Making Assumptions: Can You Catch Yourself?

    Making Assumptions: Can You Catch Yourself?

    Have you ever wondered what was going on in another person's mind when they spoke or acted in a way that for you was unimaginable? Did you leap into curiosity or judgment? 

    When our indoor pool was still open, I was enjoying the hot tub after my daily swim when I was joined by a fellow early morning swimmer. We know each other by name but otherwise not well. Without preamble, he began talking about the news of the day as if I was in his brain, knew exactly where he was coming from, and agreed with his views on the politics involved.

    He was really upset with what was going on in the primary race (COVID-19 wasn't yet a common topic of discussion) and he assumed I was also upset. I couldn't tell if he expected me to engage in the conversation or if he just needed to be heard. I didn't engage. I was enjoying my quiet time in the tub, and didn't want to encourage his strong emotions. I also felt differently about some of things he was angry about. 

    Regardless, he kept up a one-sided conversation, with increasing anger and frustration....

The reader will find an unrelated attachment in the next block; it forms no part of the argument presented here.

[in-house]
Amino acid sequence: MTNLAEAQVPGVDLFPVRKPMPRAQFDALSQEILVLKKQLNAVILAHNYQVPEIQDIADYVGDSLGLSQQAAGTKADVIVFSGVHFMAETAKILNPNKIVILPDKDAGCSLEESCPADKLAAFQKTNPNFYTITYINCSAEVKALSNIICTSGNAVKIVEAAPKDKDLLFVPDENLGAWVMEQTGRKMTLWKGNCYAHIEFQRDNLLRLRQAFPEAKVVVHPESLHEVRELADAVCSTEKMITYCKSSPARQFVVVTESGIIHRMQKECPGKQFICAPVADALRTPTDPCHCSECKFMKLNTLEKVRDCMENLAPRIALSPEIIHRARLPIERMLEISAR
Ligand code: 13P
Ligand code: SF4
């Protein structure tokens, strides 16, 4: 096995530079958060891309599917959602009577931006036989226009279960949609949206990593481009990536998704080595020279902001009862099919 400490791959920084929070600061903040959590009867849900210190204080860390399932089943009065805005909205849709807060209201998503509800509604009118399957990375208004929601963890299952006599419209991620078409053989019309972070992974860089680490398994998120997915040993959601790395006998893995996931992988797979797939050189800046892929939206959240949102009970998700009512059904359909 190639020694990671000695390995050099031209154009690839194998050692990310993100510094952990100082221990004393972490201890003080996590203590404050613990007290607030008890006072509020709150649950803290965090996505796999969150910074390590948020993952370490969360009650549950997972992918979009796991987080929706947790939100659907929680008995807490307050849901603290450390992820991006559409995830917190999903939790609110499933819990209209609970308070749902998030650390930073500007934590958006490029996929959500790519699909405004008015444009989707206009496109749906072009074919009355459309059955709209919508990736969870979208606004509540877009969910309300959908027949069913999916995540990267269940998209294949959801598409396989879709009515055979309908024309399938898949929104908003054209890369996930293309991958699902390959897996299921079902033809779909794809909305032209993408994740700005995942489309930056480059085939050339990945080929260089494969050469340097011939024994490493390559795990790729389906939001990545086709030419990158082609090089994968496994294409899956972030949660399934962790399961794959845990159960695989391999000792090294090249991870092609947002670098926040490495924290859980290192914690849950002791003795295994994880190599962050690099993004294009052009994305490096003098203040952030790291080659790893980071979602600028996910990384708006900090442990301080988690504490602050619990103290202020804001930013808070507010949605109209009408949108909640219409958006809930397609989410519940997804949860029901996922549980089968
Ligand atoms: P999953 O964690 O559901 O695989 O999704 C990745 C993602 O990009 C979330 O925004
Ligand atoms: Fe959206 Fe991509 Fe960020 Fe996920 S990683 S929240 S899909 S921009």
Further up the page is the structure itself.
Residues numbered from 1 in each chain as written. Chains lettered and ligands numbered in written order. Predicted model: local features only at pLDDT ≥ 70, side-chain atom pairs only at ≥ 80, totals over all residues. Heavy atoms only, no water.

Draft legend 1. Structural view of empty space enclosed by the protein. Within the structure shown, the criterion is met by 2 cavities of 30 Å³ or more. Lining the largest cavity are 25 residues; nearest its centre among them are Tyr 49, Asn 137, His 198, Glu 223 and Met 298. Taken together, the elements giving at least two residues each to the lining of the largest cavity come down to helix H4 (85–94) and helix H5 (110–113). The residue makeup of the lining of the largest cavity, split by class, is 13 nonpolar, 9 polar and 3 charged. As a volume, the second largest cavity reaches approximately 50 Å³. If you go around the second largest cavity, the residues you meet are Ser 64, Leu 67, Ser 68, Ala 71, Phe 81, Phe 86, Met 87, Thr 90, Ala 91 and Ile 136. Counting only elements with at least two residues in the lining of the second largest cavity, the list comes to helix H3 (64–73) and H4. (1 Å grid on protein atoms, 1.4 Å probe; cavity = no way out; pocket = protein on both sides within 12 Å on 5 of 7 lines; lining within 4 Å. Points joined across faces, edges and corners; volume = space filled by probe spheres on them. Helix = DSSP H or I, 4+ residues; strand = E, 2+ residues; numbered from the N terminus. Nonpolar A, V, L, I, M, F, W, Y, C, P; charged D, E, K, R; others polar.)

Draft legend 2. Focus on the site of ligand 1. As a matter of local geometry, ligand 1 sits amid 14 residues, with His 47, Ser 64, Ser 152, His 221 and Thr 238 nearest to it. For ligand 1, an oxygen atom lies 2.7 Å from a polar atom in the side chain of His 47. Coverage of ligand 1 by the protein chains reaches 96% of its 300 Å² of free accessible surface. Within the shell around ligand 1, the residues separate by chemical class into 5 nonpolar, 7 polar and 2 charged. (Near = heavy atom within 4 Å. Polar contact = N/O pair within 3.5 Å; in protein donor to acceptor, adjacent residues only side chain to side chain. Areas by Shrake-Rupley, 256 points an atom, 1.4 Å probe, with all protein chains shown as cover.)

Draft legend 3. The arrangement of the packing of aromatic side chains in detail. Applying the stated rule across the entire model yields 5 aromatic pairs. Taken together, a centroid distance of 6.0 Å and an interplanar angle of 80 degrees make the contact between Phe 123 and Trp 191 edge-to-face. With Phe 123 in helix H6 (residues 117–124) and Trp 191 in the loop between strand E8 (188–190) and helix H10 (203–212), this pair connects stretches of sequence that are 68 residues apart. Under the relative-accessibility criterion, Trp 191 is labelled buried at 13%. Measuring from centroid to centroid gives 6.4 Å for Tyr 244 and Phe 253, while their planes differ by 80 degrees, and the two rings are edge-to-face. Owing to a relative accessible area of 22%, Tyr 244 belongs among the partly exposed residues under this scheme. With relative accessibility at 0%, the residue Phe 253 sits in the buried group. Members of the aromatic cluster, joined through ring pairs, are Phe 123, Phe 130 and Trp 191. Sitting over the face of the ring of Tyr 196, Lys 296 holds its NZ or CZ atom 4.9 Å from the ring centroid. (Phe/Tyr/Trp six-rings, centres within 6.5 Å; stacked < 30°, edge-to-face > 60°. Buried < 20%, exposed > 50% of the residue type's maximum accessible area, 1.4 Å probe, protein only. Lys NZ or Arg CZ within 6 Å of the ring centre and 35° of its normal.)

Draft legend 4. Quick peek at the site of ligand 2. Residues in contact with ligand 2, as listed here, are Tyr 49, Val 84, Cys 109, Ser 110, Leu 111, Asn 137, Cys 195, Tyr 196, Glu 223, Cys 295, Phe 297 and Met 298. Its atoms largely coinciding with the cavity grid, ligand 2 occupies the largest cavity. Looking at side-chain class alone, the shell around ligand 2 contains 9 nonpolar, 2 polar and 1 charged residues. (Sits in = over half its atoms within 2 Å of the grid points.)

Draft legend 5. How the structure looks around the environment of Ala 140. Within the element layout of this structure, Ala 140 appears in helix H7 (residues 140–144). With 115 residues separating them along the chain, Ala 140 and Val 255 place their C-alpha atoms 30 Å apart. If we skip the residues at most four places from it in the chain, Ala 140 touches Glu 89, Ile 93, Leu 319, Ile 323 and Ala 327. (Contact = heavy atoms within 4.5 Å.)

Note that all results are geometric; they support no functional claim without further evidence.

• June 2, 2020

    Not Too Close! New Normal, New World

    Not Too Close! New Normal, New World

    Friend and colleague, Susan Poulin, produced a sweet video--The Coronavirus Shuffle--when the C-Virus first started making itself known here in NH and Maine. Susan's an author, playwright, and performance artist aka her wise and funny alter ego, Ida LeClair from Mahoosuc Mills, ME. In the video Susan/Ida reminds us what we should do to stay safe, while singing, dancing, and gesturing phrases like: "Wash your hands!" and "Wave to your neighbor!", and "Not too close! Not too close!" 

    Ida would be happy to know how often I think of her when I'm washing my hands, waving at a neighbor, or when I've wanted to respond to a close shopper or runner the way she does: "Not too close! Not too close!" Instead, I laugh at myself and regain my center.

    There is plenty about this new virus that doesn't make me smile, of course, at least not at first. One of the changes I've had to make, for example, is moving most of my in-person training (workshops, presentations, one-on-one coaching) to an online format. What?! Aikido movements on Zoom? How could that possibly work?

  • April 21, 2020

    Human Kindness: Passing it Along